As the business world becomes more complex, more uncertain, more changeable and more conflict-ridden, so the requirements of managers proliferate. We are called upon, simultaneously, to manage complexity and uncertainty, change and conflict in ever larger doses. Our ability to cope with all of this should be enhanced by the multiplicity of concepts and techniques that have developed over the past 50 years. The trouble is that by now there are so many of them that it is difficult to know which way to turn. Moreover, for the discriminating manager it is not good enough merely to discard the old ideas in favor of the new. For much of the conventional wisdom still has value to this day.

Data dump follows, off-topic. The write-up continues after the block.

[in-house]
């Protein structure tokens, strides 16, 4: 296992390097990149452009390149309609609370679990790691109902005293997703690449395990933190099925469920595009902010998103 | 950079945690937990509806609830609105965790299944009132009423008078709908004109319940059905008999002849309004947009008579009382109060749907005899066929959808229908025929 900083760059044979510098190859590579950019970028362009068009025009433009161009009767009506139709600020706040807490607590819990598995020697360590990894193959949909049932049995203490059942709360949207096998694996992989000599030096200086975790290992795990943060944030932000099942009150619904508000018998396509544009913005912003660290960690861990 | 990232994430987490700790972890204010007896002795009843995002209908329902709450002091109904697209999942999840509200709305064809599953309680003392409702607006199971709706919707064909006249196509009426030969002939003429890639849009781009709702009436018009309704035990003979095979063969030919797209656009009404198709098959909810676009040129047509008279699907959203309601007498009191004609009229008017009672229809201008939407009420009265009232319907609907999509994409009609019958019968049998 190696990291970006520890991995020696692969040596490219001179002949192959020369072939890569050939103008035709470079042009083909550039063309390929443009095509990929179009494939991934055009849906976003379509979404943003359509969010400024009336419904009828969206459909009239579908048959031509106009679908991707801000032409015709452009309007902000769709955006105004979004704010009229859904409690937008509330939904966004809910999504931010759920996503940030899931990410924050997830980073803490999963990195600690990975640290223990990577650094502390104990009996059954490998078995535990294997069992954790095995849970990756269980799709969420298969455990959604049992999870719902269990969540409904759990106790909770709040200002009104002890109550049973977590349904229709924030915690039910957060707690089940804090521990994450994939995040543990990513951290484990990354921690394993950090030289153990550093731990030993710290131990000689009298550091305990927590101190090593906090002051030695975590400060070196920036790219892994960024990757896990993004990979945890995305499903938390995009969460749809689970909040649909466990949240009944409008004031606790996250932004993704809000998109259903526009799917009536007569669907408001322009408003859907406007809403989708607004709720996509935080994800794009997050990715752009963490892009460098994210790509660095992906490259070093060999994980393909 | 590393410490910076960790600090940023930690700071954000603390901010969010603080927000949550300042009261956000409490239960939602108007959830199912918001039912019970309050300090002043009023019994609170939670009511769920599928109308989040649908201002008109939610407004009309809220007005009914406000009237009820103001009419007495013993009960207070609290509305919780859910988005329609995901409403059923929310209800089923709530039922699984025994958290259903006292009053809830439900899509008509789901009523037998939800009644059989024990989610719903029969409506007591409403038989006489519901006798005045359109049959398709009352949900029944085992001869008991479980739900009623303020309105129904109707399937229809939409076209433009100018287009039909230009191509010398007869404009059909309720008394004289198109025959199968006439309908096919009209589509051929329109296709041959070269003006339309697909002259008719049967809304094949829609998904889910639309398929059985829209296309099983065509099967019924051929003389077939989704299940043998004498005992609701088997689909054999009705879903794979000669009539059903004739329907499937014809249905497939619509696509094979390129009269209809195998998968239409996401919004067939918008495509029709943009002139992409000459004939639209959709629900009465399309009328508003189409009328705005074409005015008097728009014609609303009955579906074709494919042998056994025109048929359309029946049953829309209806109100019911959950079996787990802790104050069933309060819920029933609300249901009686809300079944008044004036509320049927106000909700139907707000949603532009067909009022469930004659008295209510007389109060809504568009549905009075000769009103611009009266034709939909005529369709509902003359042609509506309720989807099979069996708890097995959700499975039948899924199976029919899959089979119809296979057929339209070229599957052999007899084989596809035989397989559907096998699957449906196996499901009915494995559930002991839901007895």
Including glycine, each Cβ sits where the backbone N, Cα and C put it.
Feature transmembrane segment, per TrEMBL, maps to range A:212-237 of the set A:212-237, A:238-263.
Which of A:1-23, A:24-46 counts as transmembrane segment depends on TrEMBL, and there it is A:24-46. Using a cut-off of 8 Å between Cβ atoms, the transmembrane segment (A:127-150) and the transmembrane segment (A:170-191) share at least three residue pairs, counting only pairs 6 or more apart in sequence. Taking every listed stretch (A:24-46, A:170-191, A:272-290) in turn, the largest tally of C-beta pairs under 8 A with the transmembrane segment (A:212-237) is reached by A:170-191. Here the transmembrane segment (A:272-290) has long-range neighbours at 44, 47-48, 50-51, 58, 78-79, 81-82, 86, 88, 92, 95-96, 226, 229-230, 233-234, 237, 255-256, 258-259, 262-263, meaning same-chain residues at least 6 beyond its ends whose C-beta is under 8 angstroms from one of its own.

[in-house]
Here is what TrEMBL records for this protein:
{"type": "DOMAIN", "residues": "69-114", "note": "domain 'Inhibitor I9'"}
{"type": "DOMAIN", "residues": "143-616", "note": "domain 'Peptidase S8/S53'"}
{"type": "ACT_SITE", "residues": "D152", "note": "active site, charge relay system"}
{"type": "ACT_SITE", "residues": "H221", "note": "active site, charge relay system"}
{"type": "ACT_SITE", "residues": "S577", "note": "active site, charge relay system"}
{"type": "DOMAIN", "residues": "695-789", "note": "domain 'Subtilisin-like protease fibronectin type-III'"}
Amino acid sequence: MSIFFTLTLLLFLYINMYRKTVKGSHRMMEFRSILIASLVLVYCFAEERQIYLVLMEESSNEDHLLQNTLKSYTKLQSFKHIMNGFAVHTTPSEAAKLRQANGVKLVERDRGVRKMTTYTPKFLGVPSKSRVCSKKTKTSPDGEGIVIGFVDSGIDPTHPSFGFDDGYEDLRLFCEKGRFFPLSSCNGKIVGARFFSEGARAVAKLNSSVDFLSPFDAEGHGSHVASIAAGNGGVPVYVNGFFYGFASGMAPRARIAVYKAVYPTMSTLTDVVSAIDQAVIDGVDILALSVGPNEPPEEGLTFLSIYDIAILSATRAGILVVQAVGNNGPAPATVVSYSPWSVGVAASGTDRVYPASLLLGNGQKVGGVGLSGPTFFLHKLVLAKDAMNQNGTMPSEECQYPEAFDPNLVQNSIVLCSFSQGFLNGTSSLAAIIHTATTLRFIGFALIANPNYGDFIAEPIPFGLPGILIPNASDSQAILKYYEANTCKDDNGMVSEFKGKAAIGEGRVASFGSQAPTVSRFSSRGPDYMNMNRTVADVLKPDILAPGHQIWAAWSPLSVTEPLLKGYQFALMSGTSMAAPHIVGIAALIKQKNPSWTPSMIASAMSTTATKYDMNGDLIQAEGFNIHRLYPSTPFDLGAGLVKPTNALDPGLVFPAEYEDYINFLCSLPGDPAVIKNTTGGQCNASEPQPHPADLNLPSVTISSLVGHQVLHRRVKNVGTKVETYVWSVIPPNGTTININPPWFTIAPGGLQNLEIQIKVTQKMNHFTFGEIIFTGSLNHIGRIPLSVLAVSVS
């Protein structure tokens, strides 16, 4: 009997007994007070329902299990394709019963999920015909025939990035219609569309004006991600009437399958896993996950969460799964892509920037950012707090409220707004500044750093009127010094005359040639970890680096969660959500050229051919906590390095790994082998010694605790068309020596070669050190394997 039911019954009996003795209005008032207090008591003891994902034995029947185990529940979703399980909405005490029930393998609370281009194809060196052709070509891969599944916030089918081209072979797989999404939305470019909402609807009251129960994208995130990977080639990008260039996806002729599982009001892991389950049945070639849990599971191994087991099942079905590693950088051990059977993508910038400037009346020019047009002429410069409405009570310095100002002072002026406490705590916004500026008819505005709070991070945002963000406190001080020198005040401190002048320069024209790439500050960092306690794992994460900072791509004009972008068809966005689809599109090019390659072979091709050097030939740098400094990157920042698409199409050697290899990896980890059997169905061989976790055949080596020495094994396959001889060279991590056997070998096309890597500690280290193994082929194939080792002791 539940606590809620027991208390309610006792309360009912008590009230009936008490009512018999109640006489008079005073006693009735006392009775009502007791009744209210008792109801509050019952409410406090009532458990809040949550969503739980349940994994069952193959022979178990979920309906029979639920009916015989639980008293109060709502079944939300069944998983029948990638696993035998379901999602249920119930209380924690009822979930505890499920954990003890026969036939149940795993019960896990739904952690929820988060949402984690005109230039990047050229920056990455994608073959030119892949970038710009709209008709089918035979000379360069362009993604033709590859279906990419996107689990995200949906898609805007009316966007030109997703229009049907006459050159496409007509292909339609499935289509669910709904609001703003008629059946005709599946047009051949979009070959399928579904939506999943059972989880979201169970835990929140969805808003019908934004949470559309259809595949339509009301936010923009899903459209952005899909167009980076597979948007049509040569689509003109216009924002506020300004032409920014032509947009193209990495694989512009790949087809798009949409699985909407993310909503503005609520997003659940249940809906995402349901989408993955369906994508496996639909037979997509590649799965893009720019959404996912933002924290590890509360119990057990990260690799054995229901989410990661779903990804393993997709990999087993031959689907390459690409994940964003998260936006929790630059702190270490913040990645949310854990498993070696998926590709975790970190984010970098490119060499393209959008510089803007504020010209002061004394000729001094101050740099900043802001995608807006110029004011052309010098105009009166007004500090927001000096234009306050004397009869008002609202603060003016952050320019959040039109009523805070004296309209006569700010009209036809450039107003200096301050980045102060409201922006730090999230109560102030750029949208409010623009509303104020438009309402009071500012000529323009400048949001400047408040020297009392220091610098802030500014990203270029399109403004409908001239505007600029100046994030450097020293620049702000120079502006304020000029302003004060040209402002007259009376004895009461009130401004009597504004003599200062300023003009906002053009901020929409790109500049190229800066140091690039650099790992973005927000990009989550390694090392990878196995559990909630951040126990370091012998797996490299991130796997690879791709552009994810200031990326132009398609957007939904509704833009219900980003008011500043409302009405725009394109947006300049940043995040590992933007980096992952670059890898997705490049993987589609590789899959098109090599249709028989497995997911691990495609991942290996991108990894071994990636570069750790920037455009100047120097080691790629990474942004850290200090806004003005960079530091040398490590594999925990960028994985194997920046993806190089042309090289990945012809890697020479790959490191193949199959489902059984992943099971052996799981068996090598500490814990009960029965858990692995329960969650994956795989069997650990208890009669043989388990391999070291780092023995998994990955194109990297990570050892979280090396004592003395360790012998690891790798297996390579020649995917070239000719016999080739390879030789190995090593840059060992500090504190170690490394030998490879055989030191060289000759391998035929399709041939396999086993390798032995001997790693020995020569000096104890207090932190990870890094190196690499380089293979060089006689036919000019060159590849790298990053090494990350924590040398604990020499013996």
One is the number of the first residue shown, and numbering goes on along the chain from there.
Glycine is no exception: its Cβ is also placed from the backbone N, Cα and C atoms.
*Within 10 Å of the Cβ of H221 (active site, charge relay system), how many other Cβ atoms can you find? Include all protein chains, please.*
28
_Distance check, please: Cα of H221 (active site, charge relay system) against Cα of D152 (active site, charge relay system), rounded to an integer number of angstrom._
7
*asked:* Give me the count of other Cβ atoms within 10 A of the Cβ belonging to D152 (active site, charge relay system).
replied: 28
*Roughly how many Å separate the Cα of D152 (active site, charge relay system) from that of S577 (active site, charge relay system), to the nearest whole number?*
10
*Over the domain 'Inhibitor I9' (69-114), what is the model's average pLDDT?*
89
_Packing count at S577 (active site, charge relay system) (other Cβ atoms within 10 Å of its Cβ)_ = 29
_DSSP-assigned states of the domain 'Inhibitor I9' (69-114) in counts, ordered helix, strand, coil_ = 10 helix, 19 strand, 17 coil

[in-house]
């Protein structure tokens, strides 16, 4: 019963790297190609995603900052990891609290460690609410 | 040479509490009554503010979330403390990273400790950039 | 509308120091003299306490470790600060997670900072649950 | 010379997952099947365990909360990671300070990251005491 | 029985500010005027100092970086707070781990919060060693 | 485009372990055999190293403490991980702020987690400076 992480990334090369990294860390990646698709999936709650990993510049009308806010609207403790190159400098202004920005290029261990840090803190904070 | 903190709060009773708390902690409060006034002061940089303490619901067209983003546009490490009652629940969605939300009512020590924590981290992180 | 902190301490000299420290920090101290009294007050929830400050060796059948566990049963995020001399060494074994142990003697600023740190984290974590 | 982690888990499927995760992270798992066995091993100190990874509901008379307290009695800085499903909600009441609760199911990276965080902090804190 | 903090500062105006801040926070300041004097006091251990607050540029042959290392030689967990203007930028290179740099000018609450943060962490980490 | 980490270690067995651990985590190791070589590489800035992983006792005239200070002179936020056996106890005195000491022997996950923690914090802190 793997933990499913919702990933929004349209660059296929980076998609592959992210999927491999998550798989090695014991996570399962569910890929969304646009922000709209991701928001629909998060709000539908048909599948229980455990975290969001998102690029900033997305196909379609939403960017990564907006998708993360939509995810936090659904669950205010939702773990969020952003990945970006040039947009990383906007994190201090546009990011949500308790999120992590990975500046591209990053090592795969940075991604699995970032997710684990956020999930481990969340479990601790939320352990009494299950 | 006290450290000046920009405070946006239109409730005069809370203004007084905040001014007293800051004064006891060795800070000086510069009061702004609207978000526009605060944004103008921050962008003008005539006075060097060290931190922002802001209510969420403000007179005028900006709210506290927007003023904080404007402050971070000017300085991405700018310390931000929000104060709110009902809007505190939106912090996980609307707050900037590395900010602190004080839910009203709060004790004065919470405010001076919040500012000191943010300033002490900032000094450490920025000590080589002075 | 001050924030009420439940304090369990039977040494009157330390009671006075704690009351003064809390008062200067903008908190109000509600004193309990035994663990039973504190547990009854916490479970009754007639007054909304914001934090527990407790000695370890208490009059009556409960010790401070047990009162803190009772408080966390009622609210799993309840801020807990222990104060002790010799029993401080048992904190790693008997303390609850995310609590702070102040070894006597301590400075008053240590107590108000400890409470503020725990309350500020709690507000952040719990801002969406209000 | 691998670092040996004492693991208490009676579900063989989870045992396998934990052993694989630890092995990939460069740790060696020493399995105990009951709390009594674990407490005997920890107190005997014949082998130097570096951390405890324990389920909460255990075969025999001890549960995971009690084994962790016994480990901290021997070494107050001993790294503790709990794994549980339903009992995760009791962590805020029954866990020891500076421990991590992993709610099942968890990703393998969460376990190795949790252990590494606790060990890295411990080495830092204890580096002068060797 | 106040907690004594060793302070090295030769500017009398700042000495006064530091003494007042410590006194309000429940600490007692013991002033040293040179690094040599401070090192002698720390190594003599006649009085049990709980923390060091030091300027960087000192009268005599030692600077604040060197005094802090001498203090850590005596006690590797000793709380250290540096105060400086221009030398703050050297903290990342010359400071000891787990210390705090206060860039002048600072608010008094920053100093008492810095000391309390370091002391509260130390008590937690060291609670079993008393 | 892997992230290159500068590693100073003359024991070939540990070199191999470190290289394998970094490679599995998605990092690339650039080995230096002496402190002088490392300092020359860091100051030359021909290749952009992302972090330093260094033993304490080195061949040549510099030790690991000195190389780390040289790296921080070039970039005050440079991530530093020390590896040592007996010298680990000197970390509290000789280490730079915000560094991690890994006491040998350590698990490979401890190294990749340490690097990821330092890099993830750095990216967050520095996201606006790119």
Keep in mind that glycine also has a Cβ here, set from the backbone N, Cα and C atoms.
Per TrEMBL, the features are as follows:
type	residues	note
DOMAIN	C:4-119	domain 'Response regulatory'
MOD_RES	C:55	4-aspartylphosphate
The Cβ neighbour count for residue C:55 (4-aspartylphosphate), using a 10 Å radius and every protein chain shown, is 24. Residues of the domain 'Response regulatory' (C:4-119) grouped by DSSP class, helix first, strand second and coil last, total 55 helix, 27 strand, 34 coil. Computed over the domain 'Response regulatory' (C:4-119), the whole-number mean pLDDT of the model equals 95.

What we shall be doing in this handbook for the “new paradigm” manager, therefore, is threefold. Firstly we shall be identifying, in this introductory chapter, the kinds of conventional management wisdom that we shall not be covering. Secondly, and at the same time, we shall identify those American (western) and Japanese (eastern) approaches to management which have already become part of the manager's stock in trade, and therefore do not warrant further consideration. Thirdly, and substantively within this book, we shall be focusing on those “global” concepts and methods that constitute the “new paradigm” in management.